The 42 year old former runner crossed the line almost seven minutes clear of Hurst in second place. And while the 2014 and 2014 winner took some satisfaction in retaining her race record, she was even more pleased with a strong second place off limited training and a race spent trying to avoid further injury to the not yet fully healed fracture.

In third place Wellington’s Sasha Smith enjoyed the race of her life to claim third place in 2hrs 57min 37secs. Behind her Roxburgh’s Kath Kelly claimed fourth ahead of Kapiti’s Marg Leyland.

In the absence of 2014 winner and Commonwealth Games champion, Anton Cooper, the men’s favourite for the 30th anniversary Karapoti Classic was 2012 winner Matt Waghorn (Feilding). But it was Porirua’s Eden Cruise who illustrated that at just 15 years of age he already has the tactical nowse of a rider with more years in the saddle.

“Last year,” explained Cruise after his surprise win, “I led early on and everyone just sat behind me and then rode away on the first hill. So this year I decided to sit back and let other riders fight out the early stuff.

And they were fighting it out, with the lead changing several times in the opening kilometres before Cruise and Wellington’s Ed Crossling emerged at the front. At the top of the last climb, Cruise was second but gaining ground on the former road stand-out. Then Crossling, perhaps pushing the envelope just a tad too hard, suffered a puncture.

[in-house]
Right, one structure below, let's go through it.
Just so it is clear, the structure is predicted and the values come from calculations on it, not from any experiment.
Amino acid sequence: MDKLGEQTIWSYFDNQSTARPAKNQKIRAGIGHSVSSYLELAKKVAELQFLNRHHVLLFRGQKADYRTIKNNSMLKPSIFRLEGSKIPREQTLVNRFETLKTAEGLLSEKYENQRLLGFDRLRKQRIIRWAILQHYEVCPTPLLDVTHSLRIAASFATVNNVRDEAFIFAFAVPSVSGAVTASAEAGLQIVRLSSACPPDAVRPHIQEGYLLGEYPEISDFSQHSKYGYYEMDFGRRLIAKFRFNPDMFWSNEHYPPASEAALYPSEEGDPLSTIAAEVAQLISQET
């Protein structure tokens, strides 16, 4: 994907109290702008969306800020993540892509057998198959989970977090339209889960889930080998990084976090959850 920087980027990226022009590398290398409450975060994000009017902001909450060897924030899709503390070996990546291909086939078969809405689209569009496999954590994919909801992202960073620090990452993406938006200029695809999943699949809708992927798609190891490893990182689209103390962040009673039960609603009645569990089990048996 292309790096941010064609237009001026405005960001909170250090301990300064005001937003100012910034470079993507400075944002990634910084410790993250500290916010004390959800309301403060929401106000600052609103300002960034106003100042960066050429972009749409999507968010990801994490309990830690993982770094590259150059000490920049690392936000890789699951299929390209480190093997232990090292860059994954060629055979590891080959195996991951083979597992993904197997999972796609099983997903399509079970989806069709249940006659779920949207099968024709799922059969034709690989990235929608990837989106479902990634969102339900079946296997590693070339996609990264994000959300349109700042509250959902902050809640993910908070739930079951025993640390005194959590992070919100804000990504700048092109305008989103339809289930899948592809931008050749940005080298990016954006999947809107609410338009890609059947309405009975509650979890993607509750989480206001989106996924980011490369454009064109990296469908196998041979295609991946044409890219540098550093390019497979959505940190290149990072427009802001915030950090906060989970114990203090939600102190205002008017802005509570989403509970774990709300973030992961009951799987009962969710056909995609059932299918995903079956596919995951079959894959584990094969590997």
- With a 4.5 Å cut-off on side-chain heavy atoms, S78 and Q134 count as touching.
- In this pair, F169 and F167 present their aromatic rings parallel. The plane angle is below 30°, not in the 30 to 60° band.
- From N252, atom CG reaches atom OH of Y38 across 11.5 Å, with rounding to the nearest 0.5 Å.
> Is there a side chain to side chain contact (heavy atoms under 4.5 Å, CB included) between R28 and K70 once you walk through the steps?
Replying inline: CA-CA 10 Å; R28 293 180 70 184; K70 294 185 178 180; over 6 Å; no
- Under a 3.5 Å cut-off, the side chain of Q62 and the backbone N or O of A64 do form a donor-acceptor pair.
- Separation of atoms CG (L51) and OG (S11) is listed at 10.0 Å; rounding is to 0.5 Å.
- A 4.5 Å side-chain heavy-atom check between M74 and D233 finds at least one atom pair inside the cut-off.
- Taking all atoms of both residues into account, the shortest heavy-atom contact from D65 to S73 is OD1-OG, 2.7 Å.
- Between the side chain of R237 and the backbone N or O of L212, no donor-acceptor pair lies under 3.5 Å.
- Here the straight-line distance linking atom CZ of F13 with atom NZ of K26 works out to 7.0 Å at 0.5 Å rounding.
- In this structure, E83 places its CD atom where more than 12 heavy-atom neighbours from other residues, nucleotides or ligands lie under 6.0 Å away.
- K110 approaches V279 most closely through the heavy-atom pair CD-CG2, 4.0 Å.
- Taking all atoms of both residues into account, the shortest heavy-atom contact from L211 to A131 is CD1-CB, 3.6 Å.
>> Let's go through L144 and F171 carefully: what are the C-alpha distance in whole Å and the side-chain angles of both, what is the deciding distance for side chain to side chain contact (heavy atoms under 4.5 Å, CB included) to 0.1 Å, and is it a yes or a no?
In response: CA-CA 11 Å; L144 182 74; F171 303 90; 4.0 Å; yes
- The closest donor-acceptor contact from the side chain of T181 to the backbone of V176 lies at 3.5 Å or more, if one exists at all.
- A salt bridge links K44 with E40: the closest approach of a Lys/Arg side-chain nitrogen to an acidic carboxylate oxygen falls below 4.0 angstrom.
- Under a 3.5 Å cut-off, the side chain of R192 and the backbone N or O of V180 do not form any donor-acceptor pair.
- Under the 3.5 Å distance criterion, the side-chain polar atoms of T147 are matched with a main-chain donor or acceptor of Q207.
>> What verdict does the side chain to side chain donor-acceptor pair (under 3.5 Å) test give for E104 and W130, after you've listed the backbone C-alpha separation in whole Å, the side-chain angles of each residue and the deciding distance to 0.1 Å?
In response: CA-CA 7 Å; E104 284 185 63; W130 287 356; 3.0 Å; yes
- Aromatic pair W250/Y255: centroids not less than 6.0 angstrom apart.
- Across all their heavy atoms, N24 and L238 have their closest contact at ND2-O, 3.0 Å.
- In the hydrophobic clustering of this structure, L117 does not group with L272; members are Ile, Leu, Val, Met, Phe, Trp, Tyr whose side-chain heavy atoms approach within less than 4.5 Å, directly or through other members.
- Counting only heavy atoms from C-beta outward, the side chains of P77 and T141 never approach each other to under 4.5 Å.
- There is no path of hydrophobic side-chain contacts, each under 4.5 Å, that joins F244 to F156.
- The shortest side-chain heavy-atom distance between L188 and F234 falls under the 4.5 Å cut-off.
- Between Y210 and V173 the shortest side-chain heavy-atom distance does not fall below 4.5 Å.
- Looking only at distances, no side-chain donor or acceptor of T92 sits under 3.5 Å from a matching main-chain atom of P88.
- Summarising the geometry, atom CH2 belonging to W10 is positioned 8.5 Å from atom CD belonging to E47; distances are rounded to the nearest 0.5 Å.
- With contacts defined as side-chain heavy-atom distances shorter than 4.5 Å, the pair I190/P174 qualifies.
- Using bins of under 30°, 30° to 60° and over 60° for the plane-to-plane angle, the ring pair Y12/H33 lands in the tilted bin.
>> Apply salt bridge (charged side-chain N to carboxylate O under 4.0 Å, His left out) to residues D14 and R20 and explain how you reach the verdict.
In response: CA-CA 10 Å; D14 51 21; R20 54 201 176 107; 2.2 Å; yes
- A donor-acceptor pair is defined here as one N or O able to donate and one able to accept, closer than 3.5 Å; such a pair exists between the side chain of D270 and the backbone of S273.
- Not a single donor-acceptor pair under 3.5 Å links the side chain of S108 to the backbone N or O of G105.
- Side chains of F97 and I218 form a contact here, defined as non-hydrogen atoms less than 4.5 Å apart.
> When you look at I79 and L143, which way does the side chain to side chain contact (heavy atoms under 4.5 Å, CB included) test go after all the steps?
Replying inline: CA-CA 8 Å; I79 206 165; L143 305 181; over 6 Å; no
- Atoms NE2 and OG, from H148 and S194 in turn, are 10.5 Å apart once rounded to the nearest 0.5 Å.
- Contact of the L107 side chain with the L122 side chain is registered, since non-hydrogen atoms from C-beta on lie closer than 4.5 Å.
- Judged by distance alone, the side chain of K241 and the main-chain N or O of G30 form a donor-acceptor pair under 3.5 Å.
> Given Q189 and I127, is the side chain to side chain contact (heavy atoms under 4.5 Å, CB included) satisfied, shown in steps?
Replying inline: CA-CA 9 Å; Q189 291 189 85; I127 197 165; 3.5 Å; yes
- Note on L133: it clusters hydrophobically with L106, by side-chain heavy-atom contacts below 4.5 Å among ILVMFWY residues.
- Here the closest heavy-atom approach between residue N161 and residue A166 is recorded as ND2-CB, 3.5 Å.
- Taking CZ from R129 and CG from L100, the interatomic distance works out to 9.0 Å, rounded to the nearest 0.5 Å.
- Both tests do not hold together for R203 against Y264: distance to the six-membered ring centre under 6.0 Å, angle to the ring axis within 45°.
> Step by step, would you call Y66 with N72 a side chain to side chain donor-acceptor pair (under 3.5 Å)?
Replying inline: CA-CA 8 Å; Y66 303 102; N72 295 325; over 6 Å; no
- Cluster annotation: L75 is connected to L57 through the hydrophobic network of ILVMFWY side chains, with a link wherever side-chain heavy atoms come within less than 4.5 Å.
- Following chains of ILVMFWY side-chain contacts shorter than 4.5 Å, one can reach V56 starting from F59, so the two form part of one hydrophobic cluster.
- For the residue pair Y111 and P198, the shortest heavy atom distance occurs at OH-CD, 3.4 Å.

Cruise wasted no time in capitalising on the 28 year old’s misfortune, eventually crossing the line 45secs clear of fast-finishing Wellingtonian Tom Bradshaw in 2hrs 28min 01secs. Mathew Waghorn managed to salvage a solid third to now own first, second and third placings at Karapoti, while Ed Crossling was no doubt thinking of what might have been after finishing eighth.

Eden Cruise, however, must surely be thinking now of what might lay ahead. Only six years ago he made headlines as Karapoti’s youngest ever finisher when he rode the full 50k race with his father at age nine. In the last two years he has ridden faster at Karapoti than Anton Cooper did at the same age and has now won the prestigious title a year younger than Cooper was when he won the 2011 race.

At the opposite end of the age spectrum, Wellington’s Peter Schmitz was a popular winner. The 70 year won his age category for riders over age 70, but got his biggest cheer for completing his 26th consecutive Karapoti classic to become the rider with the most finishes at New Zealand’s longest running mountain bike event.

Other popular finishers were Paul and Simon Kennett. It was Paul who created the Karapoti Classic back in 1986. In 1987 he won his own race and in 1988 his brother Simon won it. In 2015 they rode tandems with their children.

The 31st Karapoti Classic is scheduled for Saturday 5th March. Visit www.karapoti.co.nz for more information and full results from 2015’s 30th anniversary race.

ends